Weber kettle help

Discussion in 'Charcoal Smokers' started by thenegativeone, Jul 19, 2015.

  1. So my wife has been nagging at me to get a new BBQ, (for some reason she thinks half a beer barrel on the floor is "ugly")
    I figure I might as well go with a Weber kettle so I can smoke on it too. The question is, which one? I figure the biggest they do is a good start, so it'll be the 57cm one. But in terms of model, is it worth the difference in price between the classic, premium and master touch models? I don't see that there's a huge amount of new features to justify the extra spend but I'm hoping maybe someone who has one will be able to tell me more.

    Im currently smoking on an ECB clone that was £15 off eBay but I've had some good results once I modded it, I'm guessing the weber will be superior for smoking, but how different is it smoking on a kettle to a bullet smoker?

    Last edited: Jul 19, 2015
  2. bluewhisper

    bluewhisper Master of the Pit OTBS Member

    Smoking in a kettle is "direct" where the food is in the same chamber as the fire. You can apply tricks like having the coals all on one side, or in a ring, but in general it tends to be hotter and faster than indirect smoking methods.

    That said, you can get great smoking results with a kettle or a bullet. And, you can grill.
  3. smokin monkey

    smokin monkey Master of the Pit Group Lead OTBS Member SMF Premier Member

    Wade will be able to give you all the advice you need on Webers
    thenegativeone likes this.
  4. Cheers mate, I'll shoot him a PM :)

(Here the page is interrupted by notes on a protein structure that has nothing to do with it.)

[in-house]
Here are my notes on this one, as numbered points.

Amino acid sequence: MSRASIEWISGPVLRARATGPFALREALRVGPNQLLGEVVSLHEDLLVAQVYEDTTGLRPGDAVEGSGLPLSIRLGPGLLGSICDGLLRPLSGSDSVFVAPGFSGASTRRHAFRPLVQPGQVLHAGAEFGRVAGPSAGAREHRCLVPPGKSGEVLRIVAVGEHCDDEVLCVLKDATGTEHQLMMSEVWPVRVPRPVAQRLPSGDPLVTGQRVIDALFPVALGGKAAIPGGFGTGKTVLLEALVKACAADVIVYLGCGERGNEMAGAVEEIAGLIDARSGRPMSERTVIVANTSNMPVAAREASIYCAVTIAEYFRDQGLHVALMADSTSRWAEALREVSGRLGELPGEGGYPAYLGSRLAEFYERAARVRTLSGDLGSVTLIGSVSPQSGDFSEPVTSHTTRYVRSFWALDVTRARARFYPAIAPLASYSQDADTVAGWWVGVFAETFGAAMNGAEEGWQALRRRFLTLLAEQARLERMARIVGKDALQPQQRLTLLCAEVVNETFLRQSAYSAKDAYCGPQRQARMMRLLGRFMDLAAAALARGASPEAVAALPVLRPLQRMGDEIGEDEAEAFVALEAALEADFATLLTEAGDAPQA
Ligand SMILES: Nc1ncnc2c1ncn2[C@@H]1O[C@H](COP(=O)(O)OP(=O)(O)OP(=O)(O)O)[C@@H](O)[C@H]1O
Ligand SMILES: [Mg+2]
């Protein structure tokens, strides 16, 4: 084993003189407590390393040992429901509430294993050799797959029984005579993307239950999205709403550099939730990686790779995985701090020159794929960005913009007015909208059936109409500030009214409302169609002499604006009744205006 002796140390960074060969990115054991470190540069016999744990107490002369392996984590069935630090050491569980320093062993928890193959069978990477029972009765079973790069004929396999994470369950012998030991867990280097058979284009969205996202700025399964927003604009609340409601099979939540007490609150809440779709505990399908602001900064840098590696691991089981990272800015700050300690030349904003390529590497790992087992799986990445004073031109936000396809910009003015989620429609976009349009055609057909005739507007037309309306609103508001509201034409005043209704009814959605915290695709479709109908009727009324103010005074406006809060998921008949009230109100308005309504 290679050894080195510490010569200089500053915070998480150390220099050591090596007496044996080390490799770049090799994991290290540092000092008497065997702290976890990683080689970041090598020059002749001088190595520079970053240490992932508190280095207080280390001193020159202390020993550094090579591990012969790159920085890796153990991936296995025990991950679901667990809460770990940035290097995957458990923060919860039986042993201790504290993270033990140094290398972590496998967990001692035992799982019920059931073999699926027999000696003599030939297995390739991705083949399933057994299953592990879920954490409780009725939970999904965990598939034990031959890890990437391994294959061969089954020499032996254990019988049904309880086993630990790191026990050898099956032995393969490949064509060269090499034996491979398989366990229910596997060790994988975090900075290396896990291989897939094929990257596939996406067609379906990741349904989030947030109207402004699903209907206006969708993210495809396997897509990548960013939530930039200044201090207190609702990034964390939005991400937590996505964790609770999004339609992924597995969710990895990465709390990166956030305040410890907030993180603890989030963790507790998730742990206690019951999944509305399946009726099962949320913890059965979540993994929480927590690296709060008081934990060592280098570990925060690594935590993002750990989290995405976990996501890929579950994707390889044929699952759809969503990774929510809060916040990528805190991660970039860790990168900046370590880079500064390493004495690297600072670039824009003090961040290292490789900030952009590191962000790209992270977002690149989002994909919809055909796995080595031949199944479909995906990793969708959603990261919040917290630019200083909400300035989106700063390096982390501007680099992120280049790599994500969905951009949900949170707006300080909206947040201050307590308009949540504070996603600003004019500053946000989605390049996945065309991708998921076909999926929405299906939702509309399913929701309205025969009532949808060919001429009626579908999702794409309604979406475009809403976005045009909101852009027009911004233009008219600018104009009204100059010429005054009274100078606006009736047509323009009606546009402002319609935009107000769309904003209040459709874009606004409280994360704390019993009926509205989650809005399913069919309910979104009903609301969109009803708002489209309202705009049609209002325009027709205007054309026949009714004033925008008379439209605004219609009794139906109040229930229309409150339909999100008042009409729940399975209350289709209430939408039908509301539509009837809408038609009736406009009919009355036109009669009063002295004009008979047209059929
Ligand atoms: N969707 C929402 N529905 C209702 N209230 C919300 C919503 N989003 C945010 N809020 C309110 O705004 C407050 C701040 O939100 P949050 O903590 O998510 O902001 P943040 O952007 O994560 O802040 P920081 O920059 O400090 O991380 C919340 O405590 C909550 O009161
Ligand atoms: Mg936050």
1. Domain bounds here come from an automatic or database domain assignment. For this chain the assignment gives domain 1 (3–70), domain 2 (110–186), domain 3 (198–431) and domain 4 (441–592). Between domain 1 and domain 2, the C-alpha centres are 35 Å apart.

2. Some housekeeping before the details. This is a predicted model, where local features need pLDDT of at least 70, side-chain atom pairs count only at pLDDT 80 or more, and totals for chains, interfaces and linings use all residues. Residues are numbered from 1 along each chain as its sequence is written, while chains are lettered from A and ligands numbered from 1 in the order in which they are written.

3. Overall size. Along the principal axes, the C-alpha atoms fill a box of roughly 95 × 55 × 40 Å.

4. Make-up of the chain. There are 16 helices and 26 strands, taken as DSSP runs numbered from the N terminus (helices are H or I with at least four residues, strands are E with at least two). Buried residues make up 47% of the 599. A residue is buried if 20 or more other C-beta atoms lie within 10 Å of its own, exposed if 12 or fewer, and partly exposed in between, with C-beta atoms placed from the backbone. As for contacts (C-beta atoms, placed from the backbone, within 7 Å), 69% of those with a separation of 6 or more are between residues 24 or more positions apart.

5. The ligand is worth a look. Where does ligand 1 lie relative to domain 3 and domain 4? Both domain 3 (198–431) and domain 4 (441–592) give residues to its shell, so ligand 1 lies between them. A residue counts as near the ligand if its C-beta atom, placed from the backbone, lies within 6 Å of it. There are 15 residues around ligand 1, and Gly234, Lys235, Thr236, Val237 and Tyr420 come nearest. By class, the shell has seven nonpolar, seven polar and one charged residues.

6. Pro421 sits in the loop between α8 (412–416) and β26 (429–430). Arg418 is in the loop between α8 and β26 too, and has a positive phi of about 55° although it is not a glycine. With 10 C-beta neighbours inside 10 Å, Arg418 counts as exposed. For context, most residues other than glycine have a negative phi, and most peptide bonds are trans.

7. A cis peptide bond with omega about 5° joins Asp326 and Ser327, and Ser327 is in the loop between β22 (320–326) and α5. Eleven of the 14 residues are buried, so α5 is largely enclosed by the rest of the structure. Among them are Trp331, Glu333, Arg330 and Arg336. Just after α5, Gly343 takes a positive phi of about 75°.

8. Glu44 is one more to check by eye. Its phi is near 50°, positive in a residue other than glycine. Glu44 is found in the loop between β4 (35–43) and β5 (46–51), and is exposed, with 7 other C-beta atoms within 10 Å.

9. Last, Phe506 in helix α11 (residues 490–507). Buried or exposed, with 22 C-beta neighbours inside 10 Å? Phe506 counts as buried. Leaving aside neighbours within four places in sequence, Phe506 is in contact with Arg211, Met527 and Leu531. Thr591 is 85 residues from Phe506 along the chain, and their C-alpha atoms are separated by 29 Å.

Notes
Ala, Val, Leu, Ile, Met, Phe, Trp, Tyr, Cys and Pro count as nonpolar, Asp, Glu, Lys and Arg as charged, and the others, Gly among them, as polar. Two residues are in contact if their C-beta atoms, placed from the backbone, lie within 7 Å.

5. wade

    wade Master of the Pit OTBS Member SMF Premier Member

    Hi Paul

    The main two Weber kettles are the 47cm and 57cm. They do go bigger (67cm) but these are fairly unusual and also smaller as in the Smokey Joes. The most versatile one is the 57cm and is the one that you will see most people on here talking about. I have a couple of 57cm Webers and a 67cm - but it is the 57cm ones that I use the most.

    Of the 57cm models there are two main types, the "Original Kettle" and the "Original Kettle Premium". The price of the Standard 57cm is around £135 online and the Premium is around £165 and although they look different from the outside the actual workings of both are pretty much identical. The bit on the bottom of the Premium is really just an enclosed ash collector where as on the standard model the ash falls through onto the tray that is mounted between the legs below. 

    To be honest when it comes to temperature control and smoking you will not notice any real difference. The main advantage of the Premium model (for me anyway) is that the cooking grate that is supplied with it has hinged edges that can be lifted up to add more charcoal/wood without having to lift the whole cooking grate off. This is something i use pretty much with every long smoke.

    You could buy the cheaper Original at £135 and then buy the hinged grate separately at around £30, but if I were you I would probably just go for the less hassle option from the outset and buy the Premium at £165.

    I hope this helps
  6. That is hugely helpful, many thanks :)
    I've managed to find the original 57cm on offer for £99 at Homebase so I think I'll go for that and buy the grate separately, as it still works out cheaper. That's if they still have it in stock on my day off!

    Cheers for the great advice :)
  7. lemans

    lemans Master of the Pit OTBS Member SMF Premier Member

    The xtra expense for the ash catcher and the hinged grate is defiantly worth it.